Hands-on review: Qualcomm Toq gets the smartwatch basics spot-on

Samsung's Galaxy Gear wasn't the only smartwatch being shown off at IFA, chip-maker Qualcomm has had its own stab at tech wristwear – and it's lovely

We're disappointed with Qualcomm's Toq, its techie timepiece being shown off at IFA, but for one reason only: it's apparently pronounced 'talk' rather than 'tock' which is just a shameful misuse of what could have been a superb pun.

Names aside, our wrists-on time confirmed it's a brilliant bit of kit which in many ways shows us what Samsung could have built if it had concentrated on making an incredible smart watch and not a wrist-based smartphone.

Firstly, it's thin and light and sits flatter on the wrist than the Galaxy Gear, as any run-of-the-mill IWC or Audemar Pigeut would. That's because the battery isn't behind the screen, it's actually embedded into the clasp – clever stuff. The strap is plastic and could feel more premium, sure, but this is by no means a final product and the Toq was comfortable for the duration of our demo. We don't know the exact dimensions or weight yet but we'll be badgering Qualcomm for the juicy specs.

We also like the two touch sensitive buttons flanking the Toq's display - up top you can double tap to bring up the backlight which is fairly bright but no match for Samsung or Sony's watches. Tap below the display acts as a back button to return to the homescreen – it's quick, makes sure you don't get lost in the pared down interface plus since you have to be quite firm, we didn't find ourselves accidentally pressing and ending up with our icons in a twist.

Mirasol display makes gadget sense

What we love about Toq is that it's not trying to be a smartphone: from its Mirasol display – think a colour E-Ink style display and you get the picture – to its range of second screen features and simple to use interface.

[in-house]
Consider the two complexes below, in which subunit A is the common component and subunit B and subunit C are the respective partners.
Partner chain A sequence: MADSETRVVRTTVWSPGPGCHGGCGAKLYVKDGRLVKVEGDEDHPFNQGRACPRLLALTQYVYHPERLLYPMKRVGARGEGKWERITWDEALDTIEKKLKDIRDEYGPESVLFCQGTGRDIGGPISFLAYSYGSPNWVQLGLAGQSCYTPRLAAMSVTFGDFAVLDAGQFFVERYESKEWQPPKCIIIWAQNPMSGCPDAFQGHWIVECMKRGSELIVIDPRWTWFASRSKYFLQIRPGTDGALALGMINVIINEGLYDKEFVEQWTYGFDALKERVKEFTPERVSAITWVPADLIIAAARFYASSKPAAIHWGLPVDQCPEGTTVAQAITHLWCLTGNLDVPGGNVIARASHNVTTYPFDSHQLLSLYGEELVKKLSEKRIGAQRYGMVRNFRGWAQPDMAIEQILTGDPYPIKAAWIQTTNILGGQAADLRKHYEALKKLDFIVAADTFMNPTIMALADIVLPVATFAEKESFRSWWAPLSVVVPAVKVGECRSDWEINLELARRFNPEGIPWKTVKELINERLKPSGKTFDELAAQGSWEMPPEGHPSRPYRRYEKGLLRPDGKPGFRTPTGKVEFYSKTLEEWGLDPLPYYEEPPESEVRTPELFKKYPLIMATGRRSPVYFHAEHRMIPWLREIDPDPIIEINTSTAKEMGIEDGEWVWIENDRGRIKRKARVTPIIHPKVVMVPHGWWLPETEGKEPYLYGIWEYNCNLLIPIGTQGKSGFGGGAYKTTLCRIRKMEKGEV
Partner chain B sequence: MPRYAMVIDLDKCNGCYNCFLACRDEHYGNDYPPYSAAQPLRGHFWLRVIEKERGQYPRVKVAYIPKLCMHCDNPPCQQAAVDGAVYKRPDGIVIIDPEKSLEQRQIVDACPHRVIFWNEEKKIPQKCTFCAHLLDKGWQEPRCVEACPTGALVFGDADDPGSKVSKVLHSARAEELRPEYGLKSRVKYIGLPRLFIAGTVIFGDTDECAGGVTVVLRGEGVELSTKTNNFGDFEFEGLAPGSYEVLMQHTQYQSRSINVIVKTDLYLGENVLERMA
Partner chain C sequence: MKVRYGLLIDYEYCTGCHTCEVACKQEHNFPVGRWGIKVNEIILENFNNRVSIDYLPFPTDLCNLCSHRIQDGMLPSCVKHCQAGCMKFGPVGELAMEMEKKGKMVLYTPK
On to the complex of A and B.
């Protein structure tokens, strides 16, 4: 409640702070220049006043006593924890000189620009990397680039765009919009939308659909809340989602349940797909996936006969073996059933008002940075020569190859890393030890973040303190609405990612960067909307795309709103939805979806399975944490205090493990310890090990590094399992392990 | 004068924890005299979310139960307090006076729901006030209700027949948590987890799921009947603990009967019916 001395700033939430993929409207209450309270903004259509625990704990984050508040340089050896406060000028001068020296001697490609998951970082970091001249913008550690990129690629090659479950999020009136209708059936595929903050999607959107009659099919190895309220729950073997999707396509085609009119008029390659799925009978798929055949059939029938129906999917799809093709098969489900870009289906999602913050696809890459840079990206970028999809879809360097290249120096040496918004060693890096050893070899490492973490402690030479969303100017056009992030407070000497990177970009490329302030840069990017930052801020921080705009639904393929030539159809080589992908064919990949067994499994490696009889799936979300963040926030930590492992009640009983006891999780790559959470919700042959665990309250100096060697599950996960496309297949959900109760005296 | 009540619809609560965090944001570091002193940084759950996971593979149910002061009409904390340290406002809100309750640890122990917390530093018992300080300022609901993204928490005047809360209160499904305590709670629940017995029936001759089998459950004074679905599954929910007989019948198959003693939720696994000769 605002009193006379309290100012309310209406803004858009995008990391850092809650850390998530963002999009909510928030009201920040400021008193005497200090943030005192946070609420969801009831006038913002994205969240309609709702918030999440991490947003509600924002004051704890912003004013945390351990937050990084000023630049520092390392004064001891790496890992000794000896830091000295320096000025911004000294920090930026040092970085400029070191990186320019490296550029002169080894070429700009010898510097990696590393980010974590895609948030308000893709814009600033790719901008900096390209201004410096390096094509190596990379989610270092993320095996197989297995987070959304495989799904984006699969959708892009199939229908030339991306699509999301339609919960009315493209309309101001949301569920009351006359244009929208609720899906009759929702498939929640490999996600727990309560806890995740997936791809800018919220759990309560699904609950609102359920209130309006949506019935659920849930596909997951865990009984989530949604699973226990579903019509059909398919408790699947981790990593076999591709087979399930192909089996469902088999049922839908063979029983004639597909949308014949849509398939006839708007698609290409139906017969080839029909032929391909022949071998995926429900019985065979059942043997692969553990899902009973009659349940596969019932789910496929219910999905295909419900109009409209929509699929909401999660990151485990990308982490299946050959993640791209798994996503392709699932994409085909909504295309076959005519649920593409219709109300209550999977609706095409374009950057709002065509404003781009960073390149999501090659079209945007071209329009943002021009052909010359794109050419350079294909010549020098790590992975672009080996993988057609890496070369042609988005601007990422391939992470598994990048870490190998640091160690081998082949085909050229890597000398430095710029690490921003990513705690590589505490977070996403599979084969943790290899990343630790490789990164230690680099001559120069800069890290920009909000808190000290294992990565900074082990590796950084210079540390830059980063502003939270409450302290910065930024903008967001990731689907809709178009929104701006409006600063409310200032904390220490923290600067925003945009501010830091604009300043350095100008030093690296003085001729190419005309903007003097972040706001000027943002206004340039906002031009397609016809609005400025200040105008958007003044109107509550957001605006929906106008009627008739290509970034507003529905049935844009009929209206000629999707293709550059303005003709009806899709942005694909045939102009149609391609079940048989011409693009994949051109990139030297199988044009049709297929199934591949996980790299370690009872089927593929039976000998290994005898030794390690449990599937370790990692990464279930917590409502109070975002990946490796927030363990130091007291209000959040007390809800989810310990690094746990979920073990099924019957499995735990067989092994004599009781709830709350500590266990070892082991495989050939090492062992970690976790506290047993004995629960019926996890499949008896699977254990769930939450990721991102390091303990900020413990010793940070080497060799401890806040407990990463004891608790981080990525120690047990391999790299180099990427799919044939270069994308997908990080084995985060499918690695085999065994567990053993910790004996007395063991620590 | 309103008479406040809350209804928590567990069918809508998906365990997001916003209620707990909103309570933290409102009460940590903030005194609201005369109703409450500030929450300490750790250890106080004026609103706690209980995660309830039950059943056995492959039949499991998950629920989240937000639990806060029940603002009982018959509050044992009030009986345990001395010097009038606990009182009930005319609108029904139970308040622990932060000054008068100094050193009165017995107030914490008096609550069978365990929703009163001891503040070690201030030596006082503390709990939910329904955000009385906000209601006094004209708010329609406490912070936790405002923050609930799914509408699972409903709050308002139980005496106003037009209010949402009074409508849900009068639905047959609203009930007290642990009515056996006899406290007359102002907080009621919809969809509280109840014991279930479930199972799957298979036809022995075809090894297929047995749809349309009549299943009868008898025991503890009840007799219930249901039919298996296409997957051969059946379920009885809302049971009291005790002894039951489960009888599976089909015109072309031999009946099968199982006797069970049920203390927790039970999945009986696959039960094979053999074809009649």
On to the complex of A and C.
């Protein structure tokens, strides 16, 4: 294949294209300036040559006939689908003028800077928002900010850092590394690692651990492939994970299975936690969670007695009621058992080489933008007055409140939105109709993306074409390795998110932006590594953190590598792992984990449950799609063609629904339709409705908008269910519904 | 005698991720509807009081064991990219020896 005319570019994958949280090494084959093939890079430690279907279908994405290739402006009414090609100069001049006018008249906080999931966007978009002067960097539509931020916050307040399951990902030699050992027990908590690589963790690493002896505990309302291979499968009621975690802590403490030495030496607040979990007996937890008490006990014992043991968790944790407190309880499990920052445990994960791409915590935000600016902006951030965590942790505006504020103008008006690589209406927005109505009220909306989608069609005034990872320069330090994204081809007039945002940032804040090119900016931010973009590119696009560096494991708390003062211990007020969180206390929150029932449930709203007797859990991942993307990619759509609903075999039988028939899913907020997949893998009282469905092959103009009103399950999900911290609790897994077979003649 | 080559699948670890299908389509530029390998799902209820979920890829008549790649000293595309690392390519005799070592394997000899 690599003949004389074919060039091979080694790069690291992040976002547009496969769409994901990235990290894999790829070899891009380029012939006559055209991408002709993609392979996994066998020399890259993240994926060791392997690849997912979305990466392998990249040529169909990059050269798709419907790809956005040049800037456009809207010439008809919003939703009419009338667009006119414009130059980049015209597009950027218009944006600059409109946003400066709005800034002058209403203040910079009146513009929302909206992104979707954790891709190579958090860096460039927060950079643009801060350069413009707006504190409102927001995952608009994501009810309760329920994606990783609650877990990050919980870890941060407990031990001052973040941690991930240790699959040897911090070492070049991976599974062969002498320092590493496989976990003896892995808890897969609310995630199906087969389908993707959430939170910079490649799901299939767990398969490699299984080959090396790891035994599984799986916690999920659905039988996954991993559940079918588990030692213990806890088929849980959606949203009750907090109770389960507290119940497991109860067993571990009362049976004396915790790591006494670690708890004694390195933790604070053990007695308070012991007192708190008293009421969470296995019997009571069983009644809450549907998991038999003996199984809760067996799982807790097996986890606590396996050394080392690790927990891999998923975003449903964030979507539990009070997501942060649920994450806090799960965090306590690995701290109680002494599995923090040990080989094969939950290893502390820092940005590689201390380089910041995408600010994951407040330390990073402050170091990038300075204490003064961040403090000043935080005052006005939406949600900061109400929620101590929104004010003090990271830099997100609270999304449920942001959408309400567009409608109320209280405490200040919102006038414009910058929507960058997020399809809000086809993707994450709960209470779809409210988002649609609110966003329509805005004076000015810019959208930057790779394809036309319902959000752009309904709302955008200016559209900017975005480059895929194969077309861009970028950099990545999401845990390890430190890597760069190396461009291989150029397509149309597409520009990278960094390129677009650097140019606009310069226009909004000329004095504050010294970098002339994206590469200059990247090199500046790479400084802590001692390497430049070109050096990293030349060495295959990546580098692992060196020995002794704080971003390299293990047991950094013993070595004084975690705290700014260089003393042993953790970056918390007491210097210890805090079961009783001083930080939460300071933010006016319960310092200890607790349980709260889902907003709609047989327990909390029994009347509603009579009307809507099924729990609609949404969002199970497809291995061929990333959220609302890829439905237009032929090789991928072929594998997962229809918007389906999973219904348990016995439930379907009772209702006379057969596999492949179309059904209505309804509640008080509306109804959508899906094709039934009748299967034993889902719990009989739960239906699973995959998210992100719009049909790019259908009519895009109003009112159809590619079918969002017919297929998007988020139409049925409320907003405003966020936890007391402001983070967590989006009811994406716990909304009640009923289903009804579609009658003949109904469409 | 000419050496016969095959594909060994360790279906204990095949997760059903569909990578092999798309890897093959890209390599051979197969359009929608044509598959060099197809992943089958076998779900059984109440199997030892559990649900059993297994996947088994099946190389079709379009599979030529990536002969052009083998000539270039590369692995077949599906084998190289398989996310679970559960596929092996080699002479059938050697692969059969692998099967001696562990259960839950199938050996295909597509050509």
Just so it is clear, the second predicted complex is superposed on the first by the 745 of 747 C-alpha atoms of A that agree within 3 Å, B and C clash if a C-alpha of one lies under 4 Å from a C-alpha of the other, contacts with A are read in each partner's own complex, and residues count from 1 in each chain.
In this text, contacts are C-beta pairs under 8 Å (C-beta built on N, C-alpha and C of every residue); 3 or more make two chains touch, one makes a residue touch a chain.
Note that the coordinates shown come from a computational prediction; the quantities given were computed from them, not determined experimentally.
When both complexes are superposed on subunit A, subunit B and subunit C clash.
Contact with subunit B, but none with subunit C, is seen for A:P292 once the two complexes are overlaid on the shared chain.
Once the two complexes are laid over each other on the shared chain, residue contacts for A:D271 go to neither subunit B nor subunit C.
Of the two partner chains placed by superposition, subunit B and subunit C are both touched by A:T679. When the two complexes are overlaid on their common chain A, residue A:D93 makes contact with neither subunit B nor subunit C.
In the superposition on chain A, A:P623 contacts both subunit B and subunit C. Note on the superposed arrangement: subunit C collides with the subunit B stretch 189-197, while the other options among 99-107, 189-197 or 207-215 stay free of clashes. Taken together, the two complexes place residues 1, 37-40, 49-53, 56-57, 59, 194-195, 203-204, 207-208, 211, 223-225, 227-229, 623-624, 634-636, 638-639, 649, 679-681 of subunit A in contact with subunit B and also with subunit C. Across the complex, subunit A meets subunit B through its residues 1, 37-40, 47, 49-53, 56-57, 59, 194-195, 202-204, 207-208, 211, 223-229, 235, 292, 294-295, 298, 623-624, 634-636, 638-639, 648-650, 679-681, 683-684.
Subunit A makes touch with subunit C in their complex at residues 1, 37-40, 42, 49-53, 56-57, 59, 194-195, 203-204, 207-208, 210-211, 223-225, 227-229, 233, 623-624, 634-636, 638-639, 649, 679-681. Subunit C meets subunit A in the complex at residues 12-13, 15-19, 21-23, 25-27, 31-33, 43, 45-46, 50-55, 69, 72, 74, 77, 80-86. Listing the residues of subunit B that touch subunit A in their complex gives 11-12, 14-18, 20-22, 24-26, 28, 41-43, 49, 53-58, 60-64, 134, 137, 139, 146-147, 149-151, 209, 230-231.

First, that screen. If you're used to pumped up Samsung Galaxy hardware and the like, you'll find the Toq's display very muted. But it's easy to read even with sunlight streaming in through the windows and crucially low power – more on that later.

So what can you do with it? Connect it to an Android device that's running 4.0.3 or later to get going. There's no speaker or mic for making phone calls but you can use a Bluetooth headset and also read your latest text messages on the Toq's screen and answer calls. For instance, if you get a call, it will show up on the Toq's screen and you can press to answer it while you rummage around in your bag for your handset.

Qualcomm's smartwatch has a simple but slick homescreen that you can scroll through to choose between weather, your synced calendar, viewing stocks info and basic music player.

Interestingly, once Qualcomm's Internet of Things platform AllJoyn starts rolling out and getting more devices onboard, we'll also be able to view and respond to notifications sent from your washing machine, light bulbs, coffee machine or alarm clock on the Toq's screen. An AllJoyn house would be the perfect accessory to the Toq smartwatch – we just need Qualcomm and everyone else to make it happen.

Proof of concept? Somebody needs to build this

OK so we're being a bit unfair, gushing over the Toq when we know that you may never be able to get your hands on one. That's because Qualcomm itself isn't about to start making and selling smartwatches – Toq is a proof of concept meant to push manufacturers in the right direction of using Mirasol displays in this kind of device.

Samsung's Galaxy Gear has gone down the OLED route making for much shorter battery lives of around a day at best. Qualcomm reckon the Toq's battery will last three to four days between charges with juice coming via a wireless charging dock and taking less than two hours to return to full power.

If you like what you see, there's hope. We heard talk of Qualcomm selling a limited number of final versions for around the US$300 (RM998) mark later on in 2013 – we'll sound our gadget klaxons as soon as we hear anything more concrete than that.